is the greatest painter in Italy. Everybody says so. It would be foolish
of me to even pretend that after seeing him at work I had thought of
anything else. We have all said, this evening, that the frescoes were
wonderful, and that no one, not even Raphael, who did the same thing,
has ever had a more beautiful idea of the history of Cupid and Psyche.
Why should we not tell the truth, just because he happens to be here?
How illogical you are!"

"I believe I excepted Raphael," said Dalrymple, with his national
accuracy. "But Signor Reanda will not quarrel with me on that account, I
am sure."

"But I did not except Raphael, nor any one," persisted Gloria, before
Reanda could speak.

"Really, Signorina, though I am mortal and susceptible, you go a little
too far. Flattery is not appreciation, you know."

"It is not flattery," she answered, and the colour rose in her face. "I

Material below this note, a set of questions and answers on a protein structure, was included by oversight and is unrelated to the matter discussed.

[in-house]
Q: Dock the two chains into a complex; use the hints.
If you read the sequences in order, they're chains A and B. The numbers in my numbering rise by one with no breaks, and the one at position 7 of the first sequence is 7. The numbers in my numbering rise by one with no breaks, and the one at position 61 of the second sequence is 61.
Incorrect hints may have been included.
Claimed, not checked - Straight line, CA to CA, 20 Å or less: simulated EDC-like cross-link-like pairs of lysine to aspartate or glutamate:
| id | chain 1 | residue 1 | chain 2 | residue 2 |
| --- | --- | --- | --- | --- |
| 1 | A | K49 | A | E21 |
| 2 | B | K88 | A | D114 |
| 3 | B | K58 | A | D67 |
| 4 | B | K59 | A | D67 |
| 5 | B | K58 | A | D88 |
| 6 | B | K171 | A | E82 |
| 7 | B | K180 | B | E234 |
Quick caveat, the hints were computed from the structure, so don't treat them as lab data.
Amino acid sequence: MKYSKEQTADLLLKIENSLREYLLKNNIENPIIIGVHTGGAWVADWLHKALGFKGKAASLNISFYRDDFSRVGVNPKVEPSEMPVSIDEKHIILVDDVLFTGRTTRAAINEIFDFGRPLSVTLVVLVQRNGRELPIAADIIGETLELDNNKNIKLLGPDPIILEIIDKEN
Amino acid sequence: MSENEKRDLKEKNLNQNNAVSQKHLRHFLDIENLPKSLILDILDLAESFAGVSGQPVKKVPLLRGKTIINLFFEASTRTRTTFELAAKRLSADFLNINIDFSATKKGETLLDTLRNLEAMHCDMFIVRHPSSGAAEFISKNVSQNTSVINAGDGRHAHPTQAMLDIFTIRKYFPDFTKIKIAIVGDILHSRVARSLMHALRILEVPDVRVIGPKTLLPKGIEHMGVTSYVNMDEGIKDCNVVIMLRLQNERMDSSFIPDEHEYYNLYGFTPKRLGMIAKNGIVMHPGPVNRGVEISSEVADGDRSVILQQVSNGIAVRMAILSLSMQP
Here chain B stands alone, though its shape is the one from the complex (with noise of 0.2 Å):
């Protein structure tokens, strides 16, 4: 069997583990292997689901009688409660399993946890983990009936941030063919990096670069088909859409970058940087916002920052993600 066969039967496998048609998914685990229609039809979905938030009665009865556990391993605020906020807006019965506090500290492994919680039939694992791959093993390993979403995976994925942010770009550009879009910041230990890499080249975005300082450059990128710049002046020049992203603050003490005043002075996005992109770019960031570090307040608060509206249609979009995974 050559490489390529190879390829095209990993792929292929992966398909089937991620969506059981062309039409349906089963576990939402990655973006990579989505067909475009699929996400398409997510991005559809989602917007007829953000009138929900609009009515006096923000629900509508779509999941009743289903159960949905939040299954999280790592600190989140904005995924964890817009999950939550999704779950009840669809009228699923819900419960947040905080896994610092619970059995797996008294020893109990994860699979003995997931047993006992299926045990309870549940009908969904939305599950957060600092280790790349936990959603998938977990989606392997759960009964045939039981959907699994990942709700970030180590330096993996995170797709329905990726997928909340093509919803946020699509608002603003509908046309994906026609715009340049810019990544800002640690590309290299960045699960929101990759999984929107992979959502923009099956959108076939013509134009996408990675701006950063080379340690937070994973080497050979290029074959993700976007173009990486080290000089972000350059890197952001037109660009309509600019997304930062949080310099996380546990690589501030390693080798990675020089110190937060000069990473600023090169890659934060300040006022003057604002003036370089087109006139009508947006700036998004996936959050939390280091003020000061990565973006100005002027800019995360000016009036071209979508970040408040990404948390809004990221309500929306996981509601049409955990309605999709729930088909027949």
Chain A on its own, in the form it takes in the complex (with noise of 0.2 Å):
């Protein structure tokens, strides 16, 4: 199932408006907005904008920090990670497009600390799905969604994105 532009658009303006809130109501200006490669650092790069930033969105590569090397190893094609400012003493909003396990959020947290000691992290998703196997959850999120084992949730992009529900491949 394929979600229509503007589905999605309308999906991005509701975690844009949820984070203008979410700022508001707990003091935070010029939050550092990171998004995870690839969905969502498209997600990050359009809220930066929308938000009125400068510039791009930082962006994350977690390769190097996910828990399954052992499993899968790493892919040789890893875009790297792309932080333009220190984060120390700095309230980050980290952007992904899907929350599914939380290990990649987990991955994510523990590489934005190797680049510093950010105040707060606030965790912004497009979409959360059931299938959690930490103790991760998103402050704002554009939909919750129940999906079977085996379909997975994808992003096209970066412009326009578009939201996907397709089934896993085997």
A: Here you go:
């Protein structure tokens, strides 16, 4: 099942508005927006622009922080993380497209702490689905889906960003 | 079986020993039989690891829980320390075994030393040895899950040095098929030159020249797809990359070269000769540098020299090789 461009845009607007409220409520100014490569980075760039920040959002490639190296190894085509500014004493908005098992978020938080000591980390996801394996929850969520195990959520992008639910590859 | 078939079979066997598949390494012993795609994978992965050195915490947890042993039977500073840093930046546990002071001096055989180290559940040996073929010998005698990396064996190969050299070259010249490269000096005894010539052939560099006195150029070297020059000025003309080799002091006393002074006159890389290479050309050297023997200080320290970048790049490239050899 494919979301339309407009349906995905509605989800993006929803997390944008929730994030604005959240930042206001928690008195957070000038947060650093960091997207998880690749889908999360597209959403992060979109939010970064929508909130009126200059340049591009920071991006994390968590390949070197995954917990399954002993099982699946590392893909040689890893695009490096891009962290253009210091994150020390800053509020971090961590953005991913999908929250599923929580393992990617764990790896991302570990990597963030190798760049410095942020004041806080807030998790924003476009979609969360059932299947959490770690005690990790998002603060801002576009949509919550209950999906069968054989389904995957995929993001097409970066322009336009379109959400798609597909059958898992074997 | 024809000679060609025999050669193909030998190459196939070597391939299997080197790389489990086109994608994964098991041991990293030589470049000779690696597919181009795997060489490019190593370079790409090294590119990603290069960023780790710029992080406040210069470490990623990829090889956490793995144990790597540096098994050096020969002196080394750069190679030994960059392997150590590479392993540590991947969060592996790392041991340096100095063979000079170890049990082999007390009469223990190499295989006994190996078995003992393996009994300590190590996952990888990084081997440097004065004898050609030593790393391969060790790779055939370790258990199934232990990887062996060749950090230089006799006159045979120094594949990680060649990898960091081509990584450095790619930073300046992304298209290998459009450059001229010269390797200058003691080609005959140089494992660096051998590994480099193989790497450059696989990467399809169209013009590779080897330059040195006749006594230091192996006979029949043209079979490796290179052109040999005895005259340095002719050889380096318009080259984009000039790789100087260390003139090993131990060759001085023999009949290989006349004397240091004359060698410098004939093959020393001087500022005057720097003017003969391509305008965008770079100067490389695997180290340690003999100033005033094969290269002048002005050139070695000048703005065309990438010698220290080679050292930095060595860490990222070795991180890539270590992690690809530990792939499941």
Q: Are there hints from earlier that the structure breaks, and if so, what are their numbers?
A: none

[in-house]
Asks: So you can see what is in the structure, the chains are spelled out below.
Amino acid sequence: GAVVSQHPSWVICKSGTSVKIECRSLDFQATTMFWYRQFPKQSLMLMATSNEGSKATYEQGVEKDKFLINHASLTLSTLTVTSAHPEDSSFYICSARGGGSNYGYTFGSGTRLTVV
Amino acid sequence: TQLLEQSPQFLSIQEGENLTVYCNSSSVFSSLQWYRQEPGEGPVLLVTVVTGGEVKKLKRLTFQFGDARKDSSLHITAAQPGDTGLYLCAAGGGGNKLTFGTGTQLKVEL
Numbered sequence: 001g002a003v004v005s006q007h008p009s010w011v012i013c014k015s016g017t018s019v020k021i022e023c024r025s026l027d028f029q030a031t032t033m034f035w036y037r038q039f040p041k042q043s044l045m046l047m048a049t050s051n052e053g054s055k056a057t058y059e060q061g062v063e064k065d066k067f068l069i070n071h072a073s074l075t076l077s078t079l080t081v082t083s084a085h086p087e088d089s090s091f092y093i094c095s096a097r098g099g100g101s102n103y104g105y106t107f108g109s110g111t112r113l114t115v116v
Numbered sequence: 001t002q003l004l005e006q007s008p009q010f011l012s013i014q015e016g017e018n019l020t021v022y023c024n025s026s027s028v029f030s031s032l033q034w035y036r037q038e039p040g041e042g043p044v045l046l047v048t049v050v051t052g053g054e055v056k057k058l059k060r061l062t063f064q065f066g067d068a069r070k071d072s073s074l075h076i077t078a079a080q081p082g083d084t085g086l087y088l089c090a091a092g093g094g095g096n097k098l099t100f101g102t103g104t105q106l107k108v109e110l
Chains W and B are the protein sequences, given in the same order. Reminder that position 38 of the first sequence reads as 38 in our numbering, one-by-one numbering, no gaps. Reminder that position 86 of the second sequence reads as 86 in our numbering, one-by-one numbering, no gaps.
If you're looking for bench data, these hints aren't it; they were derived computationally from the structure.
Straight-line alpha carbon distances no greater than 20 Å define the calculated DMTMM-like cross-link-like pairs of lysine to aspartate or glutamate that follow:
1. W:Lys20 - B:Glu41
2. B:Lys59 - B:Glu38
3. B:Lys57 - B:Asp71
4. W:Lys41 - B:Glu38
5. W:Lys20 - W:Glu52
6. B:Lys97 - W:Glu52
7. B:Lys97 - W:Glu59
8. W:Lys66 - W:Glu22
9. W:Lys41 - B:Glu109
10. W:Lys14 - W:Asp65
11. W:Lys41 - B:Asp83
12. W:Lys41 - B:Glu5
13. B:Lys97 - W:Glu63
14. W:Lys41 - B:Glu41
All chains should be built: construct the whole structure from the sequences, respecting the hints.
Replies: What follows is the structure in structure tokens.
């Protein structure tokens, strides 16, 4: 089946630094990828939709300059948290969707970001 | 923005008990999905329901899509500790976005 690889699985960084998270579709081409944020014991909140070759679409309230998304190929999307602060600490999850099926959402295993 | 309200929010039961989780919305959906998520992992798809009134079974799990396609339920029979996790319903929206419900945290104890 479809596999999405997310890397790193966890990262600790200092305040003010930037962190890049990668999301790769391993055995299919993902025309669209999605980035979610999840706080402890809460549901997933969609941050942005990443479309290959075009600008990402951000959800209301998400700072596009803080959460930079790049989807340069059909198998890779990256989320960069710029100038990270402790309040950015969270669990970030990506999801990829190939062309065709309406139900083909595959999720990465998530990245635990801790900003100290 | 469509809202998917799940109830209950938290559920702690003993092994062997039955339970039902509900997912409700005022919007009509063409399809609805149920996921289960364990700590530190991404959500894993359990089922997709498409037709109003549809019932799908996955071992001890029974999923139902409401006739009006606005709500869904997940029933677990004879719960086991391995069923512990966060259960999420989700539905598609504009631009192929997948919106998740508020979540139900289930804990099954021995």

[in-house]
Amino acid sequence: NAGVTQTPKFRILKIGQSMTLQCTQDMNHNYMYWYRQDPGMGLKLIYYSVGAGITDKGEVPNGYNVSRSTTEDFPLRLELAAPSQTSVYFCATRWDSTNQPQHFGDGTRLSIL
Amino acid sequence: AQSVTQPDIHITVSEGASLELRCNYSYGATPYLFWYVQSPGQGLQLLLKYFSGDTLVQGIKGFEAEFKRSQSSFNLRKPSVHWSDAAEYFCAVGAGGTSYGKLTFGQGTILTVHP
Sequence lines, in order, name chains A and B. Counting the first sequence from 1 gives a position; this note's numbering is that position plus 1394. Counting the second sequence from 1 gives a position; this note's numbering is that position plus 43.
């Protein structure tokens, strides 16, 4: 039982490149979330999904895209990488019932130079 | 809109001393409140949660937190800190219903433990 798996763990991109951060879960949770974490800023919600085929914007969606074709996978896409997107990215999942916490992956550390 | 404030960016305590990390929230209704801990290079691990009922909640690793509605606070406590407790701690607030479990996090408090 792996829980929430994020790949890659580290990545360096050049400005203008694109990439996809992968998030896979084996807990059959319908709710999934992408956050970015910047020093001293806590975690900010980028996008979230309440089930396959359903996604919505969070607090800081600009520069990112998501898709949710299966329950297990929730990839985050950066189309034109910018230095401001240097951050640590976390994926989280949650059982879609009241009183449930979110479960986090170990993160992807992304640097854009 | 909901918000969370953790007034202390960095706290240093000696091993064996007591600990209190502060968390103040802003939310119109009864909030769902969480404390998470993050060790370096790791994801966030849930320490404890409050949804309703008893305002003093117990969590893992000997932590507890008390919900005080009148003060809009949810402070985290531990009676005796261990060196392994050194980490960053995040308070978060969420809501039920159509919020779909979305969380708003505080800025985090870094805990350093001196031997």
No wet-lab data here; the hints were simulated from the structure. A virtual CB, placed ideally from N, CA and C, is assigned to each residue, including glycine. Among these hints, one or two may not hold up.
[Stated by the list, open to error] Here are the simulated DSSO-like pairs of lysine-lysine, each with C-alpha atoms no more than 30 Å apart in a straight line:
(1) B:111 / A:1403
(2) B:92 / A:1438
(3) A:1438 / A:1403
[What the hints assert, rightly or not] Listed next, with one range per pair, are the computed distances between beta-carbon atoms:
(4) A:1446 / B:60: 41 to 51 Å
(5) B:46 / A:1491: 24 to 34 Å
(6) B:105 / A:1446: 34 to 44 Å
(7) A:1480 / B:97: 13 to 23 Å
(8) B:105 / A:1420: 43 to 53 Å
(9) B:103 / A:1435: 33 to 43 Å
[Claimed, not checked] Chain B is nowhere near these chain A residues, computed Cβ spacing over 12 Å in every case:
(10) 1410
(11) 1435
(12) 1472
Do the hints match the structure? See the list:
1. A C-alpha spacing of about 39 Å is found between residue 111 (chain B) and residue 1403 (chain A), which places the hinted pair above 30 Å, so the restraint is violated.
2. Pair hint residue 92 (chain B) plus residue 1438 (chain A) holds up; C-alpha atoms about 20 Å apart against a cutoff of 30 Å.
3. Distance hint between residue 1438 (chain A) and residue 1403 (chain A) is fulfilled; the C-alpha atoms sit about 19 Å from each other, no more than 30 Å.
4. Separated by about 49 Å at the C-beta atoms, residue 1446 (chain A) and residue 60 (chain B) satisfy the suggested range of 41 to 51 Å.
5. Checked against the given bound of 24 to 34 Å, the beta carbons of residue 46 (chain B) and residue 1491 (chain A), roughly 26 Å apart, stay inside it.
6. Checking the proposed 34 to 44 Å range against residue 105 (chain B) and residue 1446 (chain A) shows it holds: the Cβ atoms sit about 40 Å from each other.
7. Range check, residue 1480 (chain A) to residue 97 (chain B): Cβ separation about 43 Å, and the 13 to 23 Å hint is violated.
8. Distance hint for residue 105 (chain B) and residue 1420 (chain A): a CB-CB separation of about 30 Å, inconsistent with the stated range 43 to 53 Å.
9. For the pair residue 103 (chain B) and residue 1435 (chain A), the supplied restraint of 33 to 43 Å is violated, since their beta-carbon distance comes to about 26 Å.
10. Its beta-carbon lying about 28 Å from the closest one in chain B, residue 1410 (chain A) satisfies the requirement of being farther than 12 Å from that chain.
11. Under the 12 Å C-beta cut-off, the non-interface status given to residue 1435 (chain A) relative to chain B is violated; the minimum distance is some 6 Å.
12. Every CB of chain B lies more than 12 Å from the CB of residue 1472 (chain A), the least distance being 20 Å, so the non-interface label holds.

am quite in earnest. Nobody ever painted anything better than your Cupid
and Psyche. Raphael's is dull and uninteresting compared with it."

"I blush, but I cannot accept so much," said the Italian, smiling
politely, but still trying to discover whether she meant what she said
or not.

In spite of himself, as before, he continued to believe her, though his
judgment told him that hers could not be worth much. But he was pleased
to have made such an impression, and by quick degrees his prejudice
against her began to disappear. What had seemed like boldness in her no
longer shocked him, and he described it to himself as the innocent
frankness of a foreign girl. It was not possible that any one so like
the dead Maria Braccio could be vulgar or bold. From that moment he
began to rank Gloria as belonging to the higher sphere from which his
birth excluded him. It was a curious and quick transition, and he would
not have admitted that it was due to her exaggerated praise of his work.
Strange as it must seem to those not familiar with the almost impassable
barriers of old Italian society, Reanda had that evening, for the first
time in his life, the sensation of being liked, admired, and talked with
by a woman of Francesca Campodonico's class; stranger still, it was one
of the most delicious sensations he had ever experienced. Yet the woman
in question was but a girl not yet seventeen years old. Before he rose
to go home, he unconsciously resented Griggs's silent admiration for